Sense of romance

By Sun Shuangjie Source:Global Times Published: 2016-2-4 17:22:21

Three Storytellers revolts against four legendary relationships


Each time when the moon turns round in the middle of a Chinese lunar month, Chinese people will think of the tragic love story between Chang'e and Houyi.

Chang'e swallowed pills that made people immortal and became a goddess that forever lived alone on the moon, leaving her husband Houyi behind on the Earth.

However, Taiwanese playwright and director Huang Chih-kai would like to ask: we all know that Houyi was a hero who once saved humanity by shooting down nine extra suns that burned the Earth, so why didn't him just shoot down the moon to bring his lover back?

Huang is the artistic director of Taiwan-based theater group Story Works. In 2014 he created a play named Three Storytellers, in which he boldly challenged four ancient Chinese love stories through a funny but critical performance by three cross talk comedians.

The show begins with three storytellers who all call themselves Zhuge Liang accidentally bumping into each other at an event.

Zhuge Liang was actually a knowledgeable strategist during the Three Kingdoms period (220-280) and has been celebrated by Chinese for his wisdom.

To prove their own superiority over others, the three started to pick holes in the performances of others, which turns the show into a hilarious feast adorned with mime, ventriloquism and shadow play.

Besides the relationship between Chang'e and Houyi, Huang also discussed the stories of White Snake, a snake spirit who loved a human named Xu Xian but was cursed and punished by a monk; Liang Shanbo and Zhu Yingtai, two lovers sacrificed and who became a couple of butterflies after death; and Niulang and Zhinü, who are separated from each other and can only meet for one day each year.

From March 2 to 20, the play will be staged in Shanghai with a cast from the Chinese mainland.

The Global Times talked with the director Huang Chih-kai to share his thoughts behind the show.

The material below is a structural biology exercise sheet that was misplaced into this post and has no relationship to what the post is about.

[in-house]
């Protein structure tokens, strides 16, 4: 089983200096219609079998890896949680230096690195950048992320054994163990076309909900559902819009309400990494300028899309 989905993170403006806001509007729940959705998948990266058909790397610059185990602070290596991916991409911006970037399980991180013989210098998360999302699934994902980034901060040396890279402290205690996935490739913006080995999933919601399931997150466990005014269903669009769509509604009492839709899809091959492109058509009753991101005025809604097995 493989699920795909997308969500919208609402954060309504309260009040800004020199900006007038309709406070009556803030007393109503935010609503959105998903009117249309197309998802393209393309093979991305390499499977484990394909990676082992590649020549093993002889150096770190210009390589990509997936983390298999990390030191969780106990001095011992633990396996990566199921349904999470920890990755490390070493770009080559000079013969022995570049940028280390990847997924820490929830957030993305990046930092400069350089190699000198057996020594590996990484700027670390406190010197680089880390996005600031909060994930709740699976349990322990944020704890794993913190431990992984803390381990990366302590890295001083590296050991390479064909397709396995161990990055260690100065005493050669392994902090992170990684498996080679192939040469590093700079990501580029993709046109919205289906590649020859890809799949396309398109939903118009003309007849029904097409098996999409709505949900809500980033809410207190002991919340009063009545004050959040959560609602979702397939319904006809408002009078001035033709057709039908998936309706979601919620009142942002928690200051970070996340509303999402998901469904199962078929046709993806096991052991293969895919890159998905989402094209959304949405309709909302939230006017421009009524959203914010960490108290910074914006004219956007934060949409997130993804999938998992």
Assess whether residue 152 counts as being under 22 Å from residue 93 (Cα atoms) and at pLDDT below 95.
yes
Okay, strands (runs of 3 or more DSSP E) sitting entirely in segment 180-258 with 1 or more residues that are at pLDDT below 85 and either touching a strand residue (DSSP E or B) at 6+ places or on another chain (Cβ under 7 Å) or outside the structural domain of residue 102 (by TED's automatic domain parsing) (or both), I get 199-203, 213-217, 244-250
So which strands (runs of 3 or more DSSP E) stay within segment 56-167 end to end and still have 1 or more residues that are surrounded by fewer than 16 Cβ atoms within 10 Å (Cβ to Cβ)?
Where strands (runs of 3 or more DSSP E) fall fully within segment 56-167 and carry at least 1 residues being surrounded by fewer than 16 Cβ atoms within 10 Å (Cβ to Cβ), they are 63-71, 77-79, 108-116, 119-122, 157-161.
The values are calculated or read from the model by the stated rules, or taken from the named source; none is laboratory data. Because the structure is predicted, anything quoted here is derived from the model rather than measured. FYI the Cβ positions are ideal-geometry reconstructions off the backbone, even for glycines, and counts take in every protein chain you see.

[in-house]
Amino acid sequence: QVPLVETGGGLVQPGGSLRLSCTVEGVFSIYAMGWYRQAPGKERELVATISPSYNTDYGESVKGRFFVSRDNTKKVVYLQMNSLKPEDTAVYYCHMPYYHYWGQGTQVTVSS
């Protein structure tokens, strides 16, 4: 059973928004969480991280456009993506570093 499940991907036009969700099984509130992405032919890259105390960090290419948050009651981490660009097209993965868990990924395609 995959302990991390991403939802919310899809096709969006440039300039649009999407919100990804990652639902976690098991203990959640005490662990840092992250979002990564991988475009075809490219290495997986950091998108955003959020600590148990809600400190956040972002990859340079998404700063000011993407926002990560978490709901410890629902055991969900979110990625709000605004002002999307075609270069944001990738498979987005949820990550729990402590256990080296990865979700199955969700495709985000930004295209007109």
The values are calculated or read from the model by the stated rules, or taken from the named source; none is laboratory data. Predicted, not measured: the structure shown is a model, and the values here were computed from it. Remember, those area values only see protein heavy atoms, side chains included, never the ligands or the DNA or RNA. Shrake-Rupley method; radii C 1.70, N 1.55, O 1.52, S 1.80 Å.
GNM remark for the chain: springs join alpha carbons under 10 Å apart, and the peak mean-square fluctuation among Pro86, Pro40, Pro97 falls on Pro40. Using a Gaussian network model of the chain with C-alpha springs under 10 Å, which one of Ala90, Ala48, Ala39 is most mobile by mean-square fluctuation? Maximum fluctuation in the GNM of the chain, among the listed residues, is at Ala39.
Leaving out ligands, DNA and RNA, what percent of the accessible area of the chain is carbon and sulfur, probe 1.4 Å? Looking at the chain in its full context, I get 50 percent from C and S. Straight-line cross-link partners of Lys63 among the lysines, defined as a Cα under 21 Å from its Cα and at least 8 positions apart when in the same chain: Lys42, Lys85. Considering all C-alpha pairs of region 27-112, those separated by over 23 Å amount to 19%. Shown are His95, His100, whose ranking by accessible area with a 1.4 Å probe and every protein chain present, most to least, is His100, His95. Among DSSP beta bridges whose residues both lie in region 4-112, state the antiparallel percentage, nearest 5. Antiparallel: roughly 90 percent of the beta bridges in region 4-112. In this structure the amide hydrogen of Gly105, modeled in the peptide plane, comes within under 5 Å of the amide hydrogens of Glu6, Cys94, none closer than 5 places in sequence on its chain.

(From above left) Actors Yang Feng, Shi Ce and Peng Ziheng in the play Three Storytellers Photos: Courtesy of SDAC

GT: What inspired you to write this play?

HCK: One of my female friends broke up with her boyfriend and then she came to me complaining that she always encountered irresponsible men.

Her love stories, for me, seemed like a circle in which she always makes the same kinds of mistakes.

There are many people who indulge themselves in sadness after a breakup and neglect the fact that they can learn and improve themselves.

So I hoped to make a play that can pose questions to classical love stories in a hilarious manner and let the audience see the improvement of those characters amid different relationships.

GT: How do you look at the four classical love stories?

HCK: I've always found there is a bug in these four love stories, so I try to rewrite them through a series of puzzles put forward by three storytellers in the play.

In the story of Chang'e and Houyi, I want to talk about the phenomenon that some lovers can pull through hardships together but fail to share a peaceful life.

Niulang in my eyes is a control freak. Is it fair for him to do everything to keep Zhinü around him only because he loves her?

In terms of Liang Shanbo and Zhu Yingtai, I found that sometimes it is not love or fortune that matters in a relationship between a poor guy and a rich girl, it's possibly the dignity of the man.

And for Xu Xian and the White Snake, I want to make a hypothesis that they're not interrupted by others and they can live happily.

But as the White Snake remains beautiful and young while Xu grows older and older, will they live together forever?

GT: Did you name the storytellers after "Zhuge Liang" to provide strategies for people?

HCK: Because a storyteller should be knowledgeable, the three all named themselves after the great strategist who knew almost everything.

The three will present their own ideas about love on the stage, but for me, I make this play not to say that I know love better than others. It's out of my confusion about love that I want to discuss it with others in the play.

GT: You mentioned there were three versions of a love story: in fairy tale, classic works, and real life. What's the relationship between the three versions and the three storytellers?

HCK: I mixed the three versions of the love story together in the play. I think people are familiar with the "real life" version, so I won't elaborate on that.

The classic love stories are always those with a sad ending, such as Romeo and Juliet in the West, China's Liang Shanbo and Zhu Yingtai or even the love stories by Eileen Chang.

But it's also very hard to become the protagonists in fairy tales. You have to be a princess first, so that you can no longer work and study and just wait for bad guys to take you away, and then wait for your prince to rescue you.

Moreover, you shouldn't be allergic to animals because you are very likely to be surrounded with these cute things.

No matter in which kind of love stories, people need to pay their price.

Date: March 2 to 20, 7:30 pm

Venue: Shanghai Dramatic Arts Centre

Address: 288 Anfu Road 安福路288号

Tickets: 150 yuan ($22.80) to 200 yuan

Call 6473-0123 for details



Posted in: Metro Shanghai, Theater, Culture

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